Which members of your state legislature are more likely to have young children – men or women?
A 2008 study by the Center for American Women and Politics found that only 3% of women state representatives had children under 6, compared to 8% of men state representatives. Similarly, 14% of women representatives had children under 18, compared to 22% of men.
Women representatives were also more likely than their male colleagues to rank “my children being old enough” as an important factor in their decision to run for office. More than half of women state representatives – 57% - rated that as “very important” compared to 42% of men representatives.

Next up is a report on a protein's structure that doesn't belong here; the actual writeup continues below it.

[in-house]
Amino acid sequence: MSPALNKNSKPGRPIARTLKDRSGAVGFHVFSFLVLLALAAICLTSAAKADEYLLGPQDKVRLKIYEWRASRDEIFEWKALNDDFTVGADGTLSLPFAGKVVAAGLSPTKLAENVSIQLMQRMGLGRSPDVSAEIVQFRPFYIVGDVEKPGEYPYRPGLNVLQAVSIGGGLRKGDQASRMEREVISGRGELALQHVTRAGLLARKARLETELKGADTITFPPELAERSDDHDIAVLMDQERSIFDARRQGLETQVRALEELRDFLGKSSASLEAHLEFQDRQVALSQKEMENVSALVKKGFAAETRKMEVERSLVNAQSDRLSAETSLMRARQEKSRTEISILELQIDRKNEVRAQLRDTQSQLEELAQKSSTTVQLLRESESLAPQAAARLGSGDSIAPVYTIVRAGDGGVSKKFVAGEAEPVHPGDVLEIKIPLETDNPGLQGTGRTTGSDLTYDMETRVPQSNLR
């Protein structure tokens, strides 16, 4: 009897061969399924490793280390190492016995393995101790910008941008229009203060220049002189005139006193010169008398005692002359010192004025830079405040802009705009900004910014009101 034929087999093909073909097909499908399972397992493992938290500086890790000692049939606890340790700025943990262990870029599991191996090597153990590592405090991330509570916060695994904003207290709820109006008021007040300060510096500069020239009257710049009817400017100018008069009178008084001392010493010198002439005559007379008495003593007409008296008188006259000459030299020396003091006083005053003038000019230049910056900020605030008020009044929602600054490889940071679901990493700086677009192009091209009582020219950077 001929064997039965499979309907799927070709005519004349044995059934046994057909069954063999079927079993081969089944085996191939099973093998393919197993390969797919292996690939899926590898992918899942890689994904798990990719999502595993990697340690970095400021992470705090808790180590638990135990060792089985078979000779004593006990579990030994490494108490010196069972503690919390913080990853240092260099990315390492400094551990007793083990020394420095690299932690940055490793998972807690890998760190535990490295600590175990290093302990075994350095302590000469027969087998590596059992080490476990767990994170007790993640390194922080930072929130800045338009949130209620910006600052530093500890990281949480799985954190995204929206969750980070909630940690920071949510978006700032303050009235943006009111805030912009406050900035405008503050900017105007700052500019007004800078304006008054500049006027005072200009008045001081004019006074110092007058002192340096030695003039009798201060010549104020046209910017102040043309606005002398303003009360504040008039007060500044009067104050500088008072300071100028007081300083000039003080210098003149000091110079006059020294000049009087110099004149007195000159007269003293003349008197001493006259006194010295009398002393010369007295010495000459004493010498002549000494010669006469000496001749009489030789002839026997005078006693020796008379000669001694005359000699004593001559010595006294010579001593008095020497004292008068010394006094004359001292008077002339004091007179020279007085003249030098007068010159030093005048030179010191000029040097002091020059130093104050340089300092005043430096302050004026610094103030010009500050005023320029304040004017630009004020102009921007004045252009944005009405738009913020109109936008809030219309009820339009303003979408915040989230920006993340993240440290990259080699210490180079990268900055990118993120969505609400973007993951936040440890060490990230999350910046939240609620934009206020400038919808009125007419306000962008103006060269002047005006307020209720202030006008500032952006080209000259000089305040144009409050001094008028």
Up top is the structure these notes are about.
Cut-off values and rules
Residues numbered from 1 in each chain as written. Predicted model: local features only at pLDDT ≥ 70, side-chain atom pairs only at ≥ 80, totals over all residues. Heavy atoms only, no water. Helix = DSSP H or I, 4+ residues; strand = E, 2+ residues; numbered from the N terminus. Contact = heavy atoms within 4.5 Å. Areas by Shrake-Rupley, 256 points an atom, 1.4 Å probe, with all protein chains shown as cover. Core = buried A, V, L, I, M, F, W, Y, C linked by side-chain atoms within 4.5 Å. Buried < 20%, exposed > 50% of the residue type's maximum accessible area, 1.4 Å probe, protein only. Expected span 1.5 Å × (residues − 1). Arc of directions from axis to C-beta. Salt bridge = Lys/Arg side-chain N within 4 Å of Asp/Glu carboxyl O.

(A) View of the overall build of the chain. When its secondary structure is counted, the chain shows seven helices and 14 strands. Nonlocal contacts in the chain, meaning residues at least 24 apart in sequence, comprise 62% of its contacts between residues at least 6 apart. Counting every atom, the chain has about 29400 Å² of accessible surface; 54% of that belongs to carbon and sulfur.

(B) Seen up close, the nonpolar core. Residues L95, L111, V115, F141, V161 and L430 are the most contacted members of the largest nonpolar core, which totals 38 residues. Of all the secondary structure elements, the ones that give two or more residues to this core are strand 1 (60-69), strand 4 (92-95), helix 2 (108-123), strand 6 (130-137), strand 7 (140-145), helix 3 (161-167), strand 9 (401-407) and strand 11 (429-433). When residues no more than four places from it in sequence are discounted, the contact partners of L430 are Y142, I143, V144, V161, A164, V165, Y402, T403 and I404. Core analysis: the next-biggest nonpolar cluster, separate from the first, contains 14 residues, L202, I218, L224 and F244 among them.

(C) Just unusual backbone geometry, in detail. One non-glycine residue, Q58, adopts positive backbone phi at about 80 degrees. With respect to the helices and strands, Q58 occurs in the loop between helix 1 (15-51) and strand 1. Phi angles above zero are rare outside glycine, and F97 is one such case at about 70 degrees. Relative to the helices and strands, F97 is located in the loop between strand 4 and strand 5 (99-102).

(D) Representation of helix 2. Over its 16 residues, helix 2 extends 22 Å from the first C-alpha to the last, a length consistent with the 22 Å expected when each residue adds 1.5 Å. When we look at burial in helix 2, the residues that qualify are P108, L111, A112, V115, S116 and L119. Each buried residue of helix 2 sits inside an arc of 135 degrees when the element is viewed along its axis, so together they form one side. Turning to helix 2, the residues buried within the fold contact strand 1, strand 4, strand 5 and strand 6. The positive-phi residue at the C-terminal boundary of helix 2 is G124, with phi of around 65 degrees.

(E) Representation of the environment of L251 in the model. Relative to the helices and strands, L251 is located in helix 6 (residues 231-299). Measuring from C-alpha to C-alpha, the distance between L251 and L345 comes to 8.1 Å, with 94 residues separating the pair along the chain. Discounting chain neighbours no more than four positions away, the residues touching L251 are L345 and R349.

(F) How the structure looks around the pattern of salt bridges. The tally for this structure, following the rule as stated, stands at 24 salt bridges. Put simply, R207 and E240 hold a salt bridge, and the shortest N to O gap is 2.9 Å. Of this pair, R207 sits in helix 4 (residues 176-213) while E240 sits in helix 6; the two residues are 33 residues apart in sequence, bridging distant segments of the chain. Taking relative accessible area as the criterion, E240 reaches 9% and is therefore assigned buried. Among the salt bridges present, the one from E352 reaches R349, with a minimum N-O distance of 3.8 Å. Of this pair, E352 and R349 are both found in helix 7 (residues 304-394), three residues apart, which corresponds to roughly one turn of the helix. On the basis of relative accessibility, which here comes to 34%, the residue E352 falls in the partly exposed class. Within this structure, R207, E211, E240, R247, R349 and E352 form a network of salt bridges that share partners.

The report finds:
Other women legislators we interviewed spoke of the challenges women with
young children face with voters—as well as with their colleagues. Cultural
questions remain about the acceptability of women combining politics with
a young family. For example, one woman legislator we interviewed, who is
a parent, was asked by a voter, “Can you handle all [of] this?”—a question
probably much more frequently asked of female than male candidates.
Another legislator observed: “You would never find a woman with children
on her campaign sign. Unfortunately, the assumption would be that she is
too busy, [that] she would not be able to meet the demands professionally.”
Another issue is travel to the legislature. One legislator explained that “there
is still a stigma for a woman to leave on Monday and come back and be with
her family on Friday.”
You can read the full report here.
Assignment: Look up the members of your state legislature. Do you know which representatives are parents? Does it ever come up during campaign cycles or in response to their legislating?